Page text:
If someone can recommend me a great wireless mouse, keyboard and speaker, it will be great.
     
  12. SecuritySteve macrumors 6502a

    SecuritySteve

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    #12
    Have you tried the Razer Naga wireless versions? I think for WoW you're going to have a much better experience using an MMO mouse, and Razer Naga is macOS compatible. I personally use the new Razer Naga Trinity, which is wired but modular. I also recognize that there is some irony in the fact that my mouse is more modular than my workstation, but it is a pretty awesome mouse.
     
  13. CLS727 macrumors regular

    CLS727

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    Feb 5, 2018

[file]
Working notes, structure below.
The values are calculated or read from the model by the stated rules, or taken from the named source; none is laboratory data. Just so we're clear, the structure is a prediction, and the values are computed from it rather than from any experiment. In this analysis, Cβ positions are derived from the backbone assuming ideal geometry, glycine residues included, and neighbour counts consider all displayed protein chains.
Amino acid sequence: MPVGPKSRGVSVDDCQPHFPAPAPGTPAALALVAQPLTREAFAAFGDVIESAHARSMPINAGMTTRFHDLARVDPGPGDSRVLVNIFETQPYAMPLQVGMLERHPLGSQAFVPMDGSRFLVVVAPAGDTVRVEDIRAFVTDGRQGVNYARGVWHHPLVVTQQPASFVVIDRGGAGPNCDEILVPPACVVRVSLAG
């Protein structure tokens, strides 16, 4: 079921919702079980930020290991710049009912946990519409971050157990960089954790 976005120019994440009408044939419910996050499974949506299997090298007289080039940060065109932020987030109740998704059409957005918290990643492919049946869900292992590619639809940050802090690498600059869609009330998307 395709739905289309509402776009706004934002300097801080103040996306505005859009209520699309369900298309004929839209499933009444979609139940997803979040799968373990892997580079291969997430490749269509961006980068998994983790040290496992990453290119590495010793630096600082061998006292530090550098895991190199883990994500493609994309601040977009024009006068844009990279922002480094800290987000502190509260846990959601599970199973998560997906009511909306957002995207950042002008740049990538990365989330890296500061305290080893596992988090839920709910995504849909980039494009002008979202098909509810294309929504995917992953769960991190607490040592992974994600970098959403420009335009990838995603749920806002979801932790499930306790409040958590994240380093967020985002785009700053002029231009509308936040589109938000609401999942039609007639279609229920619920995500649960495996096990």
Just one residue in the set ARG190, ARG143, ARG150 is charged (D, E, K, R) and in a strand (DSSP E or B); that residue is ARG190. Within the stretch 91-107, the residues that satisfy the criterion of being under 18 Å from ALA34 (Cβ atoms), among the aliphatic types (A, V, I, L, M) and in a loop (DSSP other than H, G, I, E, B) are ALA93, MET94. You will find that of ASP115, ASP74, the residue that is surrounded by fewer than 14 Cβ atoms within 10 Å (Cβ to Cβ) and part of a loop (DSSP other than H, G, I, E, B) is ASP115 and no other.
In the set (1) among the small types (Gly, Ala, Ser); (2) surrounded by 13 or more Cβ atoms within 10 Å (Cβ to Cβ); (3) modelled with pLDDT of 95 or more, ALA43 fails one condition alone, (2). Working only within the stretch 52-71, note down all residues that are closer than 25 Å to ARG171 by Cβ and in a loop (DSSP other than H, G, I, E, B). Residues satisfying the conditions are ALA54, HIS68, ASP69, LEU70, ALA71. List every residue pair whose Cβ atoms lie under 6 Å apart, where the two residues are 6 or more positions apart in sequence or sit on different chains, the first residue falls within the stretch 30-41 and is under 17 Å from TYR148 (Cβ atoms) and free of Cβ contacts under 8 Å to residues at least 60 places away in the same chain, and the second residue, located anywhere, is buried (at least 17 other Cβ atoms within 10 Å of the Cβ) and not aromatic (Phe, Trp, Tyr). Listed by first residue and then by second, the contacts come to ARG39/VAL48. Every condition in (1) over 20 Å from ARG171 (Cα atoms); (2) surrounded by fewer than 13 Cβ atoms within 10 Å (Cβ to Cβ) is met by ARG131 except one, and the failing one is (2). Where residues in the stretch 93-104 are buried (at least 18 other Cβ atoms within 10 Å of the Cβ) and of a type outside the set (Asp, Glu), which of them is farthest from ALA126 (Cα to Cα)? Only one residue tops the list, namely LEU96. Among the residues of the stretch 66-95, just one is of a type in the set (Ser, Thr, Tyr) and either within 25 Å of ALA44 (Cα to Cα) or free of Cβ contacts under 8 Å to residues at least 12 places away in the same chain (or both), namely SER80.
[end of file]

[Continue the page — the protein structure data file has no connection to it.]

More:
#13
    It's infuriating that in 2018... Apple machines are so far behind Windows in dev support for new AAA games.

    I would love to play more games... but I'm not going to buy a windows tower JUST for that.... easier to just get an XBOX... but that still leaves out a lot.... like Star Citizen.
     
  14. seasurfer thread starter macrumors 6502a

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    Dec 12, 2007
    #14
    Thank you for replying. You are the man I am looking to seek advice. This is really good to know.

    Can you play WOW at 5K resolution? and at what setting is doable? When I play on 2560x1440 with my iMac 5K 2014, I just couldn't stand the pixelated texts, the quality does not look good to me. Even at 2560x1440, the iMac 5K 2014 has too much screen tearing.

    Diablo III for whatever reason is completely unplayable on the iMac 5K 2014 under Mac OS 10.13.3 at this moment, I could play in Bootcamp under 2560x1440 resolution just fine, but the iMac will get heat up very fast and the computer easily shut down on its own.